Within the U.S. business world, employers must meet the demands of the federal government and comply with the provisions listed under the Immigration Reform and Control Act (“IRCA”) of 1986. The IRCA requires employers and their employees to complete an Employment Eligibility Verification (“EEV”) Form I-9, which verifies the legal eligibility for a newly hired employee to work in the U.S.
However, the process isn’t over after simply completing the form. In recent years, the federal government has increased the number of I-9 subpoenas conducted by Immigration and Customs Enforcement (“ICE”) agents. It entails the thorough inspection of employer records, employees’ work authorization, compliance with I-9 laws, and the overall work environment. San Antonio’s Perez & Malik, PLLC Immigration Lawyers have dealt with employment authorization and I-9 cases, providing counsel to employers on best practices that will help avoid costly mistakes and potential criminal charges.
Here are just a few basic tips for employers to follow:
1. Fill out Form I-9 Correctly and Thoroughly
Employees must complete Section 1 of the form on or before their date of hire. Unintentional omissions or inaccuracies can incur penalties ranging from a minimum of $110 to a maximum of $1,100 for each occurrence. You may also complete the I-9 electronically, but keep in mind that technical software errors not in your control can affect a multitude of I-9 forms, which can put your company at risk for fines.
2. Hire an Attorney to Conduct Internal Audits
Most employers fail to detect errors in their employee I-9s until a sudden government subpoena, in which you are normally given 3 days to hand over all records. Even a company with an entire EEV authorized workforce can accumulate harsh penalties for the most innocuous mistakes on the Form I-9. An internal audit is one of the best practices of defense against ICE audits and penalties. An independent auditor, such as an attorney, rather than an employer, should conduct it; employers risk making mistakes if they decide to self-audit. Employers should be advised that ICE agents will also check to see if a work environment conforms to OSHA and the Department of Labor regulations. Many companies have suffered severe penalties following I-9 audits, i.e. Abercrombie & Fitch was fined over $1 million after a 2008 I-9 audit uncovered technical-related inaccuracies in the company’s electronic records.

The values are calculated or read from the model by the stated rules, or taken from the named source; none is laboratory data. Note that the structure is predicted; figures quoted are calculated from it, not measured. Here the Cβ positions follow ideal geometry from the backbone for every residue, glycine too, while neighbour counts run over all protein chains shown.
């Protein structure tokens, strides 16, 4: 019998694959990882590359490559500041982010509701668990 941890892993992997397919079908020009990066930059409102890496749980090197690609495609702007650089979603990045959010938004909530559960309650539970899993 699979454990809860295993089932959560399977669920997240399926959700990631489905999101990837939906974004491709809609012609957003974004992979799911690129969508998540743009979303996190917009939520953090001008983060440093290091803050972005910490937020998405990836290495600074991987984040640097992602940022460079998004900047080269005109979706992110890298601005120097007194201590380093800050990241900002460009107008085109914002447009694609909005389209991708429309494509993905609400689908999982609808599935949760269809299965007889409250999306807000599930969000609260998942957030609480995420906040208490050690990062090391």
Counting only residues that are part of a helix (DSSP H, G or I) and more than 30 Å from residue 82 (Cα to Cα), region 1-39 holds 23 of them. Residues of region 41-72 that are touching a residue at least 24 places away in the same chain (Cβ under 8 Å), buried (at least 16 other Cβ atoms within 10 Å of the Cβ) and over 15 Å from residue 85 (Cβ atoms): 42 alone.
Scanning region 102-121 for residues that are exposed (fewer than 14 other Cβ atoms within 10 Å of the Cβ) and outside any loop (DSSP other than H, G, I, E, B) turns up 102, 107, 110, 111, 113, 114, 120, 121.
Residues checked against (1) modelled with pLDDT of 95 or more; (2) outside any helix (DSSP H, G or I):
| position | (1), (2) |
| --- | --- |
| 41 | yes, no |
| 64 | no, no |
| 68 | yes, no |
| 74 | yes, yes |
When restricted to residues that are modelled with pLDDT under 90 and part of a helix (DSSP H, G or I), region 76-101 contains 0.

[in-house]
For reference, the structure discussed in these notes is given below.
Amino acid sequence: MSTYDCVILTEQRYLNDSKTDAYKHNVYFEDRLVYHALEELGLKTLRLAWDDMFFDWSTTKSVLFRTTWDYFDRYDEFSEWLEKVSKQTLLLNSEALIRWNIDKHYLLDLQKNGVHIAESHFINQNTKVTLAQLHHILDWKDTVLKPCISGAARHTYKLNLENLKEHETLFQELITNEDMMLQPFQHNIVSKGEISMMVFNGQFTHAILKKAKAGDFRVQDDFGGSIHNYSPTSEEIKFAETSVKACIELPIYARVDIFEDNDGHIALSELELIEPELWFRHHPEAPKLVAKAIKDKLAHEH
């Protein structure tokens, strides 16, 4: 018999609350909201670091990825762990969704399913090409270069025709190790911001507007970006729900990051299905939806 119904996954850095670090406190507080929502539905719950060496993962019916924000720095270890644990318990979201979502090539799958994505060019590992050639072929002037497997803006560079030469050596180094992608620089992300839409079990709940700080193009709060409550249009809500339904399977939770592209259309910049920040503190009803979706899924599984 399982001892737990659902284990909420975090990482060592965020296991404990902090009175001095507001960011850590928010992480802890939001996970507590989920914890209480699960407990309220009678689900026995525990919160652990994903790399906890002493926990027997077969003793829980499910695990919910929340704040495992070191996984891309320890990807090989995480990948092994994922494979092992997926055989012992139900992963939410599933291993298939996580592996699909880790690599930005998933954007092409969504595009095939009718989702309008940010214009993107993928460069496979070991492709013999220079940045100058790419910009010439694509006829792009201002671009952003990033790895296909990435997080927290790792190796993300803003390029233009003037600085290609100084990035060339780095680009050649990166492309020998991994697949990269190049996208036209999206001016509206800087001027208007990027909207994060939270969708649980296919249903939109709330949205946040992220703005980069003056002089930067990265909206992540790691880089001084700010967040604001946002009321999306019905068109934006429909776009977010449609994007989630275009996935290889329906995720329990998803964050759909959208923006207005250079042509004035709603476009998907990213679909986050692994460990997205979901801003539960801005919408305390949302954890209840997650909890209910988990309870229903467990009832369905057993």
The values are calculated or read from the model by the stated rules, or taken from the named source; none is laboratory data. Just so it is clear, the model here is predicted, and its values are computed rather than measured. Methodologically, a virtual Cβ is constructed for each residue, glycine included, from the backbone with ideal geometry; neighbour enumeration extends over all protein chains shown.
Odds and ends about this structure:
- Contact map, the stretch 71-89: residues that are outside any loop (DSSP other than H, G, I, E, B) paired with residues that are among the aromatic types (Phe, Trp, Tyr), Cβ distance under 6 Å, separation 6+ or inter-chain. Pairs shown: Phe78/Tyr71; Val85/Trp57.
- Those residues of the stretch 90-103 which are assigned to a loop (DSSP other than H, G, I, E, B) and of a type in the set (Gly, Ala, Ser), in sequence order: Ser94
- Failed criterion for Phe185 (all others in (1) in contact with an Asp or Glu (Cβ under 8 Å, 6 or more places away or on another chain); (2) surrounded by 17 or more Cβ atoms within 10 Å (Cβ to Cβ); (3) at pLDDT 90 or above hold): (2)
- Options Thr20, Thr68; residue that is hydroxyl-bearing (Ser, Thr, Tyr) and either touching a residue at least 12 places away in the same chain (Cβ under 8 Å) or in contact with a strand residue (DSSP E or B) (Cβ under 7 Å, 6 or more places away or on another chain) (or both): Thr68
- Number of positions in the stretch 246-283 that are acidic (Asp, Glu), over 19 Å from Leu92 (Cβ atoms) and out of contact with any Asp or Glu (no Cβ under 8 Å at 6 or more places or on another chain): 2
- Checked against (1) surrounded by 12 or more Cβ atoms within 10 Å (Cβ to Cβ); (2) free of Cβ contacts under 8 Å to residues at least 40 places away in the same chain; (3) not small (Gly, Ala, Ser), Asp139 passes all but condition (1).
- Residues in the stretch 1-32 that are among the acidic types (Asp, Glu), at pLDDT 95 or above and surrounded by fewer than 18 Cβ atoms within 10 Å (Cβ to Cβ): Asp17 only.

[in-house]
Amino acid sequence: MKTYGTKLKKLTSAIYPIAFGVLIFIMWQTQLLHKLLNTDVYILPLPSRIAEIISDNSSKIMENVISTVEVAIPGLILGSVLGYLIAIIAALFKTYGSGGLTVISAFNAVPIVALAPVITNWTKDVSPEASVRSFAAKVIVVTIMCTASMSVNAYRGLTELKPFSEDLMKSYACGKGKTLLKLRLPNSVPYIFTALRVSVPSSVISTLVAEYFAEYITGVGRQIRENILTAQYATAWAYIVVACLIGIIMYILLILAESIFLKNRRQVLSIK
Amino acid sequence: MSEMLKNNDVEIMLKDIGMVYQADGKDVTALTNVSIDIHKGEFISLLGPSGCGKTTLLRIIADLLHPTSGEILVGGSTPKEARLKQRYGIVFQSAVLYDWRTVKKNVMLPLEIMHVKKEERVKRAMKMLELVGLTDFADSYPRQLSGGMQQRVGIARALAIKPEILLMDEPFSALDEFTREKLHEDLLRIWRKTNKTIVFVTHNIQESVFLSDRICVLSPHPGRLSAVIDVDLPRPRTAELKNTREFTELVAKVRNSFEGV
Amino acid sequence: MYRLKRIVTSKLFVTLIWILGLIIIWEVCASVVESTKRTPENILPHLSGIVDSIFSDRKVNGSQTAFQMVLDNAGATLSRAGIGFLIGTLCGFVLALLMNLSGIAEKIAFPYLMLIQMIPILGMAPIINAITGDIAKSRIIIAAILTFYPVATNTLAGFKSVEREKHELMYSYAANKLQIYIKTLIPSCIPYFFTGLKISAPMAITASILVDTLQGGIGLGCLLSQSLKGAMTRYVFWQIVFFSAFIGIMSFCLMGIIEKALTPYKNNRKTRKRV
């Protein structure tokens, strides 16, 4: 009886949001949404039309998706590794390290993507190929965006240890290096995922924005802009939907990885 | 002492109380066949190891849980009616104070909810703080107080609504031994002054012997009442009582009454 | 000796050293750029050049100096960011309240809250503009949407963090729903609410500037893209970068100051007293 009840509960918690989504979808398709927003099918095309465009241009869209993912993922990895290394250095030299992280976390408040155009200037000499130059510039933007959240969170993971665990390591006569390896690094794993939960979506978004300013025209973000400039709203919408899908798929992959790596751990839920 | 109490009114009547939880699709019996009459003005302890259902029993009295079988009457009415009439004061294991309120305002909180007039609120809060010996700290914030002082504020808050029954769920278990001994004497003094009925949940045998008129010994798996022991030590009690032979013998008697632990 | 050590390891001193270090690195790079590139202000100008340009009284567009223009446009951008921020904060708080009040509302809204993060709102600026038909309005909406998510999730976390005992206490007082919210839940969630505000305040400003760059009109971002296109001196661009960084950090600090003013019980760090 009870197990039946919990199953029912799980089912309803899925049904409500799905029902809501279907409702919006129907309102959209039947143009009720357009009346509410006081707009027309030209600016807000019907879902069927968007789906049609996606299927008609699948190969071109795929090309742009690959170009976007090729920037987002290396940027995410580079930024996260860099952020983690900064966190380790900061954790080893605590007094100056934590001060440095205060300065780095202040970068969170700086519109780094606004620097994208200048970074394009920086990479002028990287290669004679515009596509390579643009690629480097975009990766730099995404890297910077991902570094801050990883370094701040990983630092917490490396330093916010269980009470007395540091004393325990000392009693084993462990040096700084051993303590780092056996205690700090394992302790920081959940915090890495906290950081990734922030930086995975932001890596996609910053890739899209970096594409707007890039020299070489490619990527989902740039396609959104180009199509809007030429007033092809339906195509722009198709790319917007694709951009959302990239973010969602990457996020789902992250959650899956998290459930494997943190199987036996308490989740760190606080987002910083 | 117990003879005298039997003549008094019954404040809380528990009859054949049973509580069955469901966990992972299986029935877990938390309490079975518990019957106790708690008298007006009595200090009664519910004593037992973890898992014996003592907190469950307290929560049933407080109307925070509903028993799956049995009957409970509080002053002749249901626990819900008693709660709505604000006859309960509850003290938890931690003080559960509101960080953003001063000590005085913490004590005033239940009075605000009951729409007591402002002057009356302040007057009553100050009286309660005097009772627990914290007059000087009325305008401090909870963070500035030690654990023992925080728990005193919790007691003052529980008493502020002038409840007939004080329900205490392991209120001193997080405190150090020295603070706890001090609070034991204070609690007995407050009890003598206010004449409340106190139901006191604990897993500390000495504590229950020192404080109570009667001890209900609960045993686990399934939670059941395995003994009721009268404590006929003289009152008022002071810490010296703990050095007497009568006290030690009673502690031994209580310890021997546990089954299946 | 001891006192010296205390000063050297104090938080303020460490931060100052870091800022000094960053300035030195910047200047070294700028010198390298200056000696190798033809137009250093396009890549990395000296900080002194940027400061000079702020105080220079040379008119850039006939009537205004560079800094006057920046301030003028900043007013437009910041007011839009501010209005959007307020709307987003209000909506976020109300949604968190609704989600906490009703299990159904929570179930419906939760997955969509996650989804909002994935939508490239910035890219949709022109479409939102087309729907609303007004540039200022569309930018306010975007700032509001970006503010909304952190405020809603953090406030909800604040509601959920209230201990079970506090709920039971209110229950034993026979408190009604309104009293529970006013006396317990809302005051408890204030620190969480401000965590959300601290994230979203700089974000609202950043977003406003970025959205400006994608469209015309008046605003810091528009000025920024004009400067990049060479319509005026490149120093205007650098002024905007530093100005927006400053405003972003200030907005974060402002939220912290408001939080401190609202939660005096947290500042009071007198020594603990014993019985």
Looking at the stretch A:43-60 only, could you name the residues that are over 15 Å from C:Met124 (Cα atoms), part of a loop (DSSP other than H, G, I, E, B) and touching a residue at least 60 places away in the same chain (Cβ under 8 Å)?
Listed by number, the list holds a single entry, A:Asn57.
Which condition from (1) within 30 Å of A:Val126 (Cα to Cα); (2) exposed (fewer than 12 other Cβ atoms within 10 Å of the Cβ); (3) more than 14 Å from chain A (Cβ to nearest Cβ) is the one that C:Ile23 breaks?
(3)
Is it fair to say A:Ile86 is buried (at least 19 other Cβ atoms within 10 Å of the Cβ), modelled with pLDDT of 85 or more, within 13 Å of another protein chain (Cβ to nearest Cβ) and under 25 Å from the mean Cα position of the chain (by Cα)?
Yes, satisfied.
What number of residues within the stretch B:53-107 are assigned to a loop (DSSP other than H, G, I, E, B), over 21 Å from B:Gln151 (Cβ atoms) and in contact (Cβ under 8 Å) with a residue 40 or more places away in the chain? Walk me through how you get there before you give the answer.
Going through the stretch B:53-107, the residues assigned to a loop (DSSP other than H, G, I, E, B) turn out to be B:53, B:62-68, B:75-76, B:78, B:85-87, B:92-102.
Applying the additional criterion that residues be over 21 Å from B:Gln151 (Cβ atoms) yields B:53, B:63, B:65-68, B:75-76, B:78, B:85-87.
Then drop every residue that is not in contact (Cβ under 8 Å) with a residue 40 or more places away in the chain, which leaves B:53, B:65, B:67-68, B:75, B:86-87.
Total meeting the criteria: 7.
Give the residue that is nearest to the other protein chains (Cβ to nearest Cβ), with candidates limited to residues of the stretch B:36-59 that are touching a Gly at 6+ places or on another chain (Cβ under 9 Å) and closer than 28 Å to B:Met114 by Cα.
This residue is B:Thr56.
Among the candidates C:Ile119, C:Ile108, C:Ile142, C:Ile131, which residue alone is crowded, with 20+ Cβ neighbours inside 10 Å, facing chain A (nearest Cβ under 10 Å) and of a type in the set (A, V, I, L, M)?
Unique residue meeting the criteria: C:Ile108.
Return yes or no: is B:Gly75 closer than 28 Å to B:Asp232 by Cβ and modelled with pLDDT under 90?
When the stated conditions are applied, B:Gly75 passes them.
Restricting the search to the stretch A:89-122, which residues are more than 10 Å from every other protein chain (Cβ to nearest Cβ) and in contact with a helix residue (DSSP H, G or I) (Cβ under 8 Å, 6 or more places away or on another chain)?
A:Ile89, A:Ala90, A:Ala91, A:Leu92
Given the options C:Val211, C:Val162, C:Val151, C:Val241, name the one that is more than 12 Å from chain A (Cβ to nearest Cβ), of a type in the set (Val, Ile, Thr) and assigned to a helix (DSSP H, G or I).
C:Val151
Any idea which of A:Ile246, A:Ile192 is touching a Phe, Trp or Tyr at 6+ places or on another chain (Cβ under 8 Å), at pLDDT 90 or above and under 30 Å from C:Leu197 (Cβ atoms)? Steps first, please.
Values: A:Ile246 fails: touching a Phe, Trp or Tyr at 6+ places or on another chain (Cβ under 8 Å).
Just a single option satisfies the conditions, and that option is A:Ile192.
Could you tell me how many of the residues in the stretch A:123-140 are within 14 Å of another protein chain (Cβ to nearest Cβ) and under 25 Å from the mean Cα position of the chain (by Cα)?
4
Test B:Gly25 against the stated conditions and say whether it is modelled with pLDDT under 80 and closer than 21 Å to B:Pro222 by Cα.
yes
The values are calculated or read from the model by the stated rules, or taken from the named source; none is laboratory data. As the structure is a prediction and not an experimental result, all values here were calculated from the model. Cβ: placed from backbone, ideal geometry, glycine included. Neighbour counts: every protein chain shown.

3. Avoid Discrimination in Recruiting and Hiring
Employers should familiarize themselves with IRCA’s anti-discrimination provisions, which prohibit employers from hiring individuals based on their national origin, citizenship, or immigration status. Employers must also avoid requesting for documentation before an employee is hired. Once an employee is hired, fills out a Form I-9, and provides the required documentation, an employer cannot request additional documentation. If an employer does this, he or she may be liable for discrimination against the employee’s national origin and citizenship status.
Contact San Antonio’s Perez & Malik, PLLC experienced Immigration Lawyers to learn about the best practices regarding the I-9 process and develop suitable compliance program for your company.